For the third year I had the idea to make artist books because I had just completed a hardcover book maquette for Life with Maggie, a long term project I had been working on for a number of years. I loved the process of putting that book together and it surprised me to have a book in my hands that felt overall more complete and satisfying than any of the exhibitions I had had of the same work. The idea of the new book project was to make 12 handmade artist books, one per month, over the course of a single year. Another motivation was to create a break from the Life with Maggie project and also to free myself from my general photographic rules and guidelines and to step outside my zone of comfort.

Once I started working on the first book, I quickly realized that I was in over my head. Making even one book was a ton of work. I decided that it might be better to make limited edition artist books instead, one that I could give away and the rest that I could sell to recoup my costs. All of this happened on the fly and I started researching how to go about making it happen. I also settled on a subscription idea as well, whereby people could purchase the entire series of 12 books in advance before they were even made or the ideas for them even realized. The one book a month idea failed miserably but luckily my subscribers didn't seem to mind.

Book 5: Stay
Book 6: Covers

CG: Do you consider book projects as an autonomous form, something akin to an exhibition or sculpture?

OW: I have begun to see the book form as a very efficient and democratic transmitter of ideas and experiments. Exhibitions are great too and can do similar things but the fact that you can take the ideas home with you in your hands is pretty powerful. An exhibition lasts for a finite period of time, while a book can theoretically last forever.

At the same time, I do like books that act as exhibitions and/or sculptures as well and I have tried in the series to create a few books that can morph into a sculpture or exhibition or at least something that you can actually reconfigure. I'm thinking about Visitor specifically but also about Stay (which was supposed to be an accordion folded sculptural piece). I'm also thinking about the final book, A New Day, which isn't really a book but more a collection of images, presented as postcards and held together like a pad. The cards can be kept together and never used or they can be individually sent out into the world or one can take all the cards and put them up on a wall as an exhibition piece. (There is also another element to the final project, which is performance based, involving the books being given away at the book fair by a missionary type person)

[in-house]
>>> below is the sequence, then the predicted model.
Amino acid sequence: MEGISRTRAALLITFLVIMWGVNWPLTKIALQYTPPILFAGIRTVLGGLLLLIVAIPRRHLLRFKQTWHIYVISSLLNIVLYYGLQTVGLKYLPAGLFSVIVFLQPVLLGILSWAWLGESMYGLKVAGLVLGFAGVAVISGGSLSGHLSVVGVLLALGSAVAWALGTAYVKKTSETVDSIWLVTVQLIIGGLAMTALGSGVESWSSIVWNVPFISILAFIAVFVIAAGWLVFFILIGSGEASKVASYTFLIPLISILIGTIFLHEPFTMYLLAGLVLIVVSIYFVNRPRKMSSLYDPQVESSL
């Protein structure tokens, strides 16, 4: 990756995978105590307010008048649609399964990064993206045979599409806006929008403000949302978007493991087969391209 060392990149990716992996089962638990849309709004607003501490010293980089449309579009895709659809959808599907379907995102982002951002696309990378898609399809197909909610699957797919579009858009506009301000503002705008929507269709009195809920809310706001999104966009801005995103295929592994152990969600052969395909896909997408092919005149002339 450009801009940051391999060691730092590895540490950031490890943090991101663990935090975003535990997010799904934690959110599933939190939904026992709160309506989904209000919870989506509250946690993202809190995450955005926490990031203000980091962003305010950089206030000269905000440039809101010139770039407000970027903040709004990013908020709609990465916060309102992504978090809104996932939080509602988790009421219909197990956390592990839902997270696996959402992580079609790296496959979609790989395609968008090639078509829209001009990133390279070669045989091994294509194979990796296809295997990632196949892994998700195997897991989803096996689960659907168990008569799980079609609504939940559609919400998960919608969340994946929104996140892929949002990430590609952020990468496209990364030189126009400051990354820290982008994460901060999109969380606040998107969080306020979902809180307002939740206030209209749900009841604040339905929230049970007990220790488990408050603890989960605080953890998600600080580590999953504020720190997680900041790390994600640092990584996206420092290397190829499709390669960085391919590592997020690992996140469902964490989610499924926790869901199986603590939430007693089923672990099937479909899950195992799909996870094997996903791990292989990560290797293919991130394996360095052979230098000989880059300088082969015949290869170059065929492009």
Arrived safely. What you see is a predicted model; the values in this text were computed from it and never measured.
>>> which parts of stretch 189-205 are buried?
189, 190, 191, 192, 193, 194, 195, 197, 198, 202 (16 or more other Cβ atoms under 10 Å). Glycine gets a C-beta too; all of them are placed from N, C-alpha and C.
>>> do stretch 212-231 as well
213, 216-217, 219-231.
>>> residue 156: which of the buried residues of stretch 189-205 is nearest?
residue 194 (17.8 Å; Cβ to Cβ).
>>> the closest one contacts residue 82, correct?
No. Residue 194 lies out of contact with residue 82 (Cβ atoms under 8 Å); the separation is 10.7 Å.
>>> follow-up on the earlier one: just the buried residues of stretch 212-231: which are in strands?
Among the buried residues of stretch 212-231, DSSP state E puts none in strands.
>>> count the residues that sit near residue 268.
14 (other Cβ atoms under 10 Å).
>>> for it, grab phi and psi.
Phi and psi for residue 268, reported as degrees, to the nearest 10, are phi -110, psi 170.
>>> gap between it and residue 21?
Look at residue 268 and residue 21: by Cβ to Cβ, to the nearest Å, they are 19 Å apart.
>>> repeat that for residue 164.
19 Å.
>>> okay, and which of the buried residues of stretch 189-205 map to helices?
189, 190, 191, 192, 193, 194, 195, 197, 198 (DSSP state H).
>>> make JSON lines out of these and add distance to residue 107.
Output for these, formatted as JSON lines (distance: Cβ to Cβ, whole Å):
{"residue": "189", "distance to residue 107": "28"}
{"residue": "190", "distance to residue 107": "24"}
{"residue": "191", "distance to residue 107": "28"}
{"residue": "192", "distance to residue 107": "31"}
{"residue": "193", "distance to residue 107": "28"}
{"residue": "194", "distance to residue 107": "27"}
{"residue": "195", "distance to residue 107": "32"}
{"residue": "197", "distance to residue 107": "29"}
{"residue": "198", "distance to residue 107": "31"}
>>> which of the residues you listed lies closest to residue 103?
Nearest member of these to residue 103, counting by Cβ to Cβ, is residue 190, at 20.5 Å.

Book 7: Germs
Book 8: Visitor

CG: Do you see this project as something that embraces photographic thinking or do you feel it transcends a kind of categorization? A similar kind of question: do you think of yourself as an artist or a photographer?

OW: When I started the project I was calling it the Photographic Book Project which derived it's name from the previous Photographic Projects I did and the free giveaways on Horses Think. So this 2.5 year book project was intended to be the 3rd incarnation of that. I pretty quickly started hating that title and now I just refer to the project as "12 books."